Why Pakistan Lost Bengalis - Some Insights
By Saroop Ijaz, The Express Tribune, December 21, 2013
The State of Pakistan wants the 16th of December to pass silently and quickly every year. Theexecution of Abdul Quader Molla made this extraordinarily difficult this time around. Enough has been said on the execution and its implications, and saying any further will be surplus to requirements. However, not nearly enough has ever been said about 1971. There is some talk every year, lament mostly, meticulously avoiding the specifics. The attempt sometimes it seems is to make the fall of Dhaka look like a natural catastrophe, beyond the locus of human and state control. Let bygones be bygones, Bangladesh is a sovereign nation and the vile Yahya Khan lives in eternal infamy, where he belongs. By all means, however, let’s trace our steps a little and briefly revisit the statements made by the architect of the “decade of prosperity” (according to our textbooks), Field Marshal Ayub Khan.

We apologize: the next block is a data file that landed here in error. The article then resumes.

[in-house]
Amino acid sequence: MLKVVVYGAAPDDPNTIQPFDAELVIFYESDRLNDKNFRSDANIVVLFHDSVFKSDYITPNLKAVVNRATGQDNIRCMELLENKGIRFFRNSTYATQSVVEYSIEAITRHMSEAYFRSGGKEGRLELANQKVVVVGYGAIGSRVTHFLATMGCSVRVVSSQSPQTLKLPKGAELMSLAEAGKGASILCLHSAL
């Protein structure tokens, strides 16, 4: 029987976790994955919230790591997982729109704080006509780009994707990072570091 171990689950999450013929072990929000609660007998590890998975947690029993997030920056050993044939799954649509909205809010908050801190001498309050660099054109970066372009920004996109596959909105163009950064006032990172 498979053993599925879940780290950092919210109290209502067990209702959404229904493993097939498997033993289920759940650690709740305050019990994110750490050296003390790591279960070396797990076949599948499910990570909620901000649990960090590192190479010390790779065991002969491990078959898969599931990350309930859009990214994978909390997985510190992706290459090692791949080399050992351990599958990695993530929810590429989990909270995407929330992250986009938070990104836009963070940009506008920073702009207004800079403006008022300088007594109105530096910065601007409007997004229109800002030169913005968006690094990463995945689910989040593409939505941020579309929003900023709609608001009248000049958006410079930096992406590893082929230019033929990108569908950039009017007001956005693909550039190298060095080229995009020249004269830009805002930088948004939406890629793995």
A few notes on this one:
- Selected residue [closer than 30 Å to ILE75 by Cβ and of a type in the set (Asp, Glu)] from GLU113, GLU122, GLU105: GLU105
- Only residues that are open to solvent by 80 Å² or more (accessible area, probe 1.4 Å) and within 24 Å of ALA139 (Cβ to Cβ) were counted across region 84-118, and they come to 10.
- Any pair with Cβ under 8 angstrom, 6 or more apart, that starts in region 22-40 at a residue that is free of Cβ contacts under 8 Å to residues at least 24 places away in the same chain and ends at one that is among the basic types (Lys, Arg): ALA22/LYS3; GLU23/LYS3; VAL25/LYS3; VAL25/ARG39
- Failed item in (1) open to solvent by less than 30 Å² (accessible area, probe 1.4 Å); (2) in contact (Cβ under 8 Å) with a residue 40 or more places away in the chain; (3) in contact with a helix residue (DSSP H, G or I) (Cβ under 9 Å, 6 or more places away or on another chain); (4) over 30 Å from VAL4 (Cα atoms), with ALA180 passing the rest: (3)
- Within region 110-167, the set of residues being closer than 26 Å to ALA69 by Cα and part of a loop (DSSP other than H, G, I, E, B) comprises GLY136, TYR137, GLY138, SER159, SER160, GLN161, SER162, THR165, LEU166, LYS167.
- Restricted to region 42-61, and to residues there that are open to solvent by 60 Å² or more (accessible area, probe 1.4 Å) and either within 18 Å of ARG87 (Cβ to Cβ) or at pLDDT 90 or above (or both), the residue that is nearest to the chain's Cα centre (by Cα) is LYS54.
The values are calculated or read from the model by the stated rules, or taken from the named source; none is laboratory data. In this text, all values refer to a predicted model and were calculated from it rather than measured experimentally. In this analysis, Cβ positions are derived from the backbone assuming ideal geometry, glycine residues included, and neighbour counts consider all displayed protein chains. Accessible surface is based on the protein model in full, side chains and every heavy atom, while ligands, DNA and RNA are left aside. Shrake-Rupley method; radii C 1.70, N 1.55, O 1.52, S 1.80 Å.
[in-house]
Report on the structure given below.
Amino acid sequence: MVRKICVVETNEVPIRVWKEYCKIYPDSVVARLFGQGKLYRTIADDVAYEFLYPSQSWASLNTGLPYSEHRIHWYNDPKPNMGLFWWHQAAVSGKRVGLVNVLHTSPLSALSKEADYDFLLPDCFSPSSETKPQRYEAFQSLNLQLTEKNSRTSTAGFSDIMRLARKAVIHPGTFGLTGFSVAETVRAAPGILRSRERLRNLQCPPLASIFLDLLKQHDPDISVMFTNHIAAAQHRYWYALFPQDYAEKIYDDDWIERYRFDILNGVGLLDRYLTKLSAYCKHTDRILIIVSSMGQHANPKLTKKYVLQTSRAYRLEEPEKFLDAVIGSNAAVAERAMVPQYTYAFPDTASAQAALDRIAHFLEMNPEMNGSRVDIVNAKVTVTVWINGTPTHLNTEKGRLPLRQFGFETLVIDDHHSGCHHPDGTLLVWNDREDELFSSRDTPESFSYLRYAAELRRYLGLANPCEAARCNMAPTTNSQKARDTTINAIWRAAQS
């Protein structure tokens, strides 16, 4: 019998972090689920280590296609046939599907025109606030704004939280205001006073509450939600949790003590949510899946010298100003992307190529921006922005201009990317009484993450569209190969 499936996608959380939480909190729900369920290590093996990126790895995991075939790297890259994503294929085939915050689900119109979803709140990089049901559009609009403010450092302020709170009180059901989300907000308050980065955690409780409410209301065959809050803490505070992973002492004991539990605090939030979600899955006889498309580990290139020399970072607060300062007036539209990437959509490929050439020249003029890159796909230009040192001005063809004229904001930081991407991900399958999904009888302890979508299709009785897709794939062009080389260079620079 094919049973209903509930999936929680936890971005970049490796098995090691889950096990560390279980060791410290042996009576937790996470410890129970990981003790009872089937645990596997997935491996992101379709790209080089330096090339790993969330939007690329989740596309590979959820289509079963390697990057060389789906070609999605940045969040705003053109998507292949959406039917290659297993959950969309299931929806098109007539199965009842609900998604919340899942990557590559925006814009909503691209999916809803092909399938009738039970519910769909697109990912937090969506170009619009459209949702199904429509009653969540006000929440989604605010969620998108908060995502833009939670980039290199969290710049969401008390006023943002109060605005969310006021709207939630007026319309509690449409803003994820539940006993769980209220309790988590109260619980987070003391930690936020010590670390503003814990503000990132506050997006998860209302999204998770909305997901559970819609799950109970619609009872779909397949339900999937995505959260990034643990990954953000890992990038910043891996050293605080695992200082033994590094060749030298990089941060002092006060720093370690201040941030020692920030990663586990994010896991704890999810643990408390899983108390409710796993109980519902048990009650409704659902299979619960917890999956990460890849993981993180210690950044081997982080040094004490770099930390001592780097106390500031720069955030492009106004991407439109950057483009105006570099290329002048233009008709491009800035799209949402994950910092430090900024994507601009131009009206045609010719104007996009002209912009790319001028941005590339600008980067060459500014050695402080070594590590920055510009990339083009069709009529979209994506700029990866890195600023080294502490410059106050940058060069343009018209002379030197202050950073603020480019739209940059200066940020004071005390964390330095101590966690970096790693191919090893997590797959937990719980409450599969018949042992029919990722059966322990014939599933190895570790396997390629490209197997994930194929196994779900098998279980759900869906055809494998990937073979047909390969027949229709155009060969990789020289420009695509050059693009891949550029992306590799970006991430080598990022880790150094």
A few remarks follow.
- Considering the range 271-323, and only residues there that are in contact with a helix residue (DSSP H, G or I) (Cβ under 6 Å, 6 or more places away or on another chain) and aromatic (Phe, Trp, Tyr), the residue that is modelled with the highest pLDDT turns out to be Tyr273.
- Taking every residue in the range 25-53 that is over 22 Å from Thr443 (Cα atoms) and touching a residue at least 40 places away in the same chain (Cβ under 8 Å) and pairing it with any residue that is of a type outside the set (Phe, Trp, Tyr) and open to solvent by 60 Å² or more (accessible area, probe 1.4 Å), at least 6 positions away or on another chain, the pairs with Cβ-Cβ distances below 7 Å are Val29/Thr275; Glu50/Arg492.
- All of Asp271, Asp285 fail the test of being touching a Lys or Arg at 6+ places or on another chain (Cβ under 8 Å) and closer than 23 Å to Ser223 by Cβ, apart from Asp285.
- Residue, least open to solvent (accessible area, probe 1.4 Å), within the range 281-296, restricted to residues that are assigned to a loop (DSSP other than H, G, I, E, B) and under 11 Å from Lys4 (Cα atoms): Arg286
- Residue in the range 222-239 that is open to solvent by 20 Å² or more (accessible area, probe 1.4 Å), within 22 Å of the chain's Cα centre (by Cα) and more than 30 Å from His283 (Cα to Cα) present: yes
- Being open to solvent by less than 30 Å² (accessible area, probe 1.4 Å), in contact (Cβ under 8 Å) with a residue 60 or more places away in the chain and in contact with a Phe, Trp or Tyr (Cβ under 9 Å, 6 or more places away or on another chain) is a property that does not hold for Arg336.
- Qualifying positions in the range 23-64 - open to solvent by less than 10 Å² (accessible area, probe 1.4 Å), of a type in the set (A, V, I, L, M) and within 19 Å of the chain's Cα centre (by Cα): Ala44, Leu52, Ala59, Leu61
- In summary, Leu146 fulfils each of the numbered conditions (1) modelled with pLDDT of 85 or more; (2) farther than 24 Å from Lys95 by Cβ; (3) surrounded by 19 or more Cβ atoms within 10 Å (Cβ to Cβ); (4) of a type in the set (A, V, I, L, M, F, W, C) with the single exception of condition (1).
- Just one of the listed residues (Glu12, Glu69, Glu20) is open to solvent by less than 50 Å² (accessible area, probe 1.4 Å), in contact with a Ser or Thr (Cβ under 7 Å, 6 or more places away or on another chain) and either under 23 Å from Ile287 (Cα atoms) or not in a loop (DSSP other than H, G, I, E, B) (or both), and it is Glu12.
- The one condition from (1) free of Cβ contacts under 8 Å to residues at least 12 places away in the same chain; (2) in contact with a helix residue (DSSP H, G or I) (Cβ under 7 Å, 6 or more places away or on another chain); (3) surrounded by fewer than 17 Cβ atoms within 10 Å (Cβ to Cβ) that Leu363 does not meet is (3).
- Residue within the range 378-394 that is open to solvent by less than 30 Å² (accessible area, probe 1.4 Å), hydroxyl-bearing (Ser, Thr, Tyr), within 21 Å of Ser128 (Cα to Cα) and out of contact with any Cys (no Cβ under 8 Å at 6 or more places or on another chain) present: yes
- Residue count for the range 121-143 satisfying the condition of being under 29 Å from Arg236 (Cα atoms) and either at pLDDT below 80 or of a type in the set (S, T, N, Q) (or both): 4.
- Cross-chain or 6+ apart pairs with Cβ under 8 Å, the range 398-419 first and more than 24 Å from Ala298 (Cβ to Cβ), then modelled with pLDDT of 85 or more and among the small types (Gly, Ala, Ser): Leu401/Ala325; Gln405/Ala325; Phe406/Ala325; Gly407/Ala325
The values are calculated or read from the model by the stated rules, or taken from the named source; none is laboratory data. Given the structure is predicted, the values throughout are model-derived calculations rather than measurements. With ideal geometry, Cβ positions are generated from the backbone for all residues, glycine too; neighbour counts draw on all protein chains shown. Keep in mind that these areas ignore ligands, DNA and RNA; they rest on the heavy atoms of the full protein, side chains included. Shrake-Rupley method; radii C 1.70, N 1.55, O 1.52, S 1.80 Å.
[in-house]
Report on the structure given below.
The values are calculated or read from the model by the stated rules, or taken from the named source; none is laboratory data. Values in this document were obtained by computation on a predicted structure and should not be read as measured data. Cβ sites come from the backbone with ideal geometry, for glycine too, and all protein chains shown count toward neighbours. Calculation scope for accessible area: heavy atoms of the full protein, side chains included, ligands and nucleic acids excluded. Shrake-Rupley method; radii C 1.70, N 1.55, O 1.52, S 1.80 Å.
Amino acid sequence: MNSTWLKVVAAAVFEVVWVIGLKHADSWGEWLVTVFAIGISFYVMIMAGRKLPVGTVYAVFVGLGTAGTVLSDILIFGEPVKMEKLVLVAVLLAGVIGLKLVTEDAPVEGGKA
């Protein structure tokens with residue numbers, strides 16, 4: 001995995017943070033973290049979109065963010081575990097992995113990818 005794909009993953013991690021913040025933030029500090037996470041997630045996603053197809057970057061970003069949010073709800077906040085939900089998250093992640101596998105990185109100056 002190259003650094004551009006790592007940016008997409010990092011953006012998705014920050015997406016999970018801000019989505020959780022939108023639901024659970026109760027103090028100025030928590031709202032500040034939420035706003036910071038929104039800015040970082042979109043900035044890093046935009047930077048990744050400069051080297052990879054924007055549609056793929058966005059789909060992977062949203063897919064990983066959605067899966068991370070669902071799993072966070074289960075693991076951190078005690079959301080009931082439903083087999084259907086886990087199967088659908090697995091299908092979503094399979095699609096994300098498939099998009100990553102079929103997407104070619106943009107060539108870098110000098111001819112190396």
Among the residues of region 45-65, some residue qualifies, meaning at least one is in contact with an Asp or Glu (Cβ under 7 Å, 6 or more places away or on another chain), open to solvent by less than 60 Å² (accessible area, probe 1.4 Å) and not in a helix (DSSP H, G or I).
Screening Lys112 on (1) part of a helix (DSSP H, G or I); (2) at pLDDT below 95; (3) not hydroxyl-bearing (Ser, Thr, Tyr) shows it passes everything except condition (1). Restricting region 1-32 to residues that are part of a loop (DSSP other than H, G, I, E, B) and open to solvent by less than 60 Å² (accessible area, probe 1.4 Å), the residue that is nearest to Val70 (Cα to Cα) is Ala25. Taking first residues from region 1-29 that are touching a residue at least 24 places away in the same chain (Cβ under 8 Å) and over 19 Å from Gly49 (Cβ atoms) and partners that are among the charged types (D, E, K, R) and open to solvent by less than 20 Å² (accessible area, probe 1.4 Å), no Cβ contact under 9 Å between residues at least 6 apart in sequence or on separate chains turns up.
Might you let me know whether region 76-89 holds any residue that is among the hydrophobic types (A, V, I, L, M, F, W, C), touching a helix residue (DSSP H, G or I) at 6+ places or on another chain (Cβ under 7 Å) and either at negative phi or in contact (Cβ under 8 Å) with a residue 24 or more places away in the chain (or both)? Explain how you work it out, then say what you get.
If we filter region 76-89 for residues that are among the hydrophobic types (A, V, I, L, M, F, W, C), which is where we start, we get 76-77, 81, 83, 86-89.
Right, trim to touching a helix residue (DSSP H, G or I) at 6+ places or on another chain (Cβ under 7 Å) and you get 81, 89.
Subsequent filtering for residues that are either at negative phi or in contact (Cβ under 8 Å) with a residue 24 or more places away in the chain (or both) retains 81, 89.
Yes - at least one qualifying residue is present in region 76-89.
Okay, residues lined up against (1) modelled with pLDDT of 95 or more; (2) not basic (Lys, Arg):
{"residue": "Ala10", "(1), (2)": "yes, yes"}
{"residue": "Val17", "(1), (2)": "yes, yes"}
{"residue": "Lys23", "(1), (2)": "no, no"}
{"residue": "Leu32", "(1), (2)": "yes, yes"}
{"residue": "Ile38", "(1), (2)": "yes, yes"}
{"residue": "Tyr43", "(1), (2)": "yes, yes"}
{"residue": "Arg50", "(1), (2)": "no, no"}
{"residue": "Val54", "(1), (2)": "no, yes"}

Ayub’s ghost-written, and unironically titled book, Friends, not Masters, says about the Bengalis as “ … (having) all the inhibitions of downtrodden races and have not yet found it possible to adjust psychologically to the requirement of the new born freedom”. In his diary, he further writes that the East Pakistanis have the desire “to isolate themselves from West Pakistan and revert to Hindu language and culture”. He felt that it was because of the reason that the Bengalis had “no culture and language of their own”. Aside, from the obvious point of the gallant Field Marshal being ignorant, bigoted and a racist, there is something else. The Sandhurst-trained Field Marshal sought to emulate the “Masters” in taking upon himself the mantle to pass condescending, conclusive statements about the natives. Lord Macaulay’s observation on the matter was that the Bengalis were “feeble” people … trampled upon by men of bolder and hardy breeds” and whose “mind is weak … for the purposes of manly resistance”. Repulsive thoughts by two racists, are they not? Yet, we wonder, what went wrong in East Pakistan?
For complete article, click here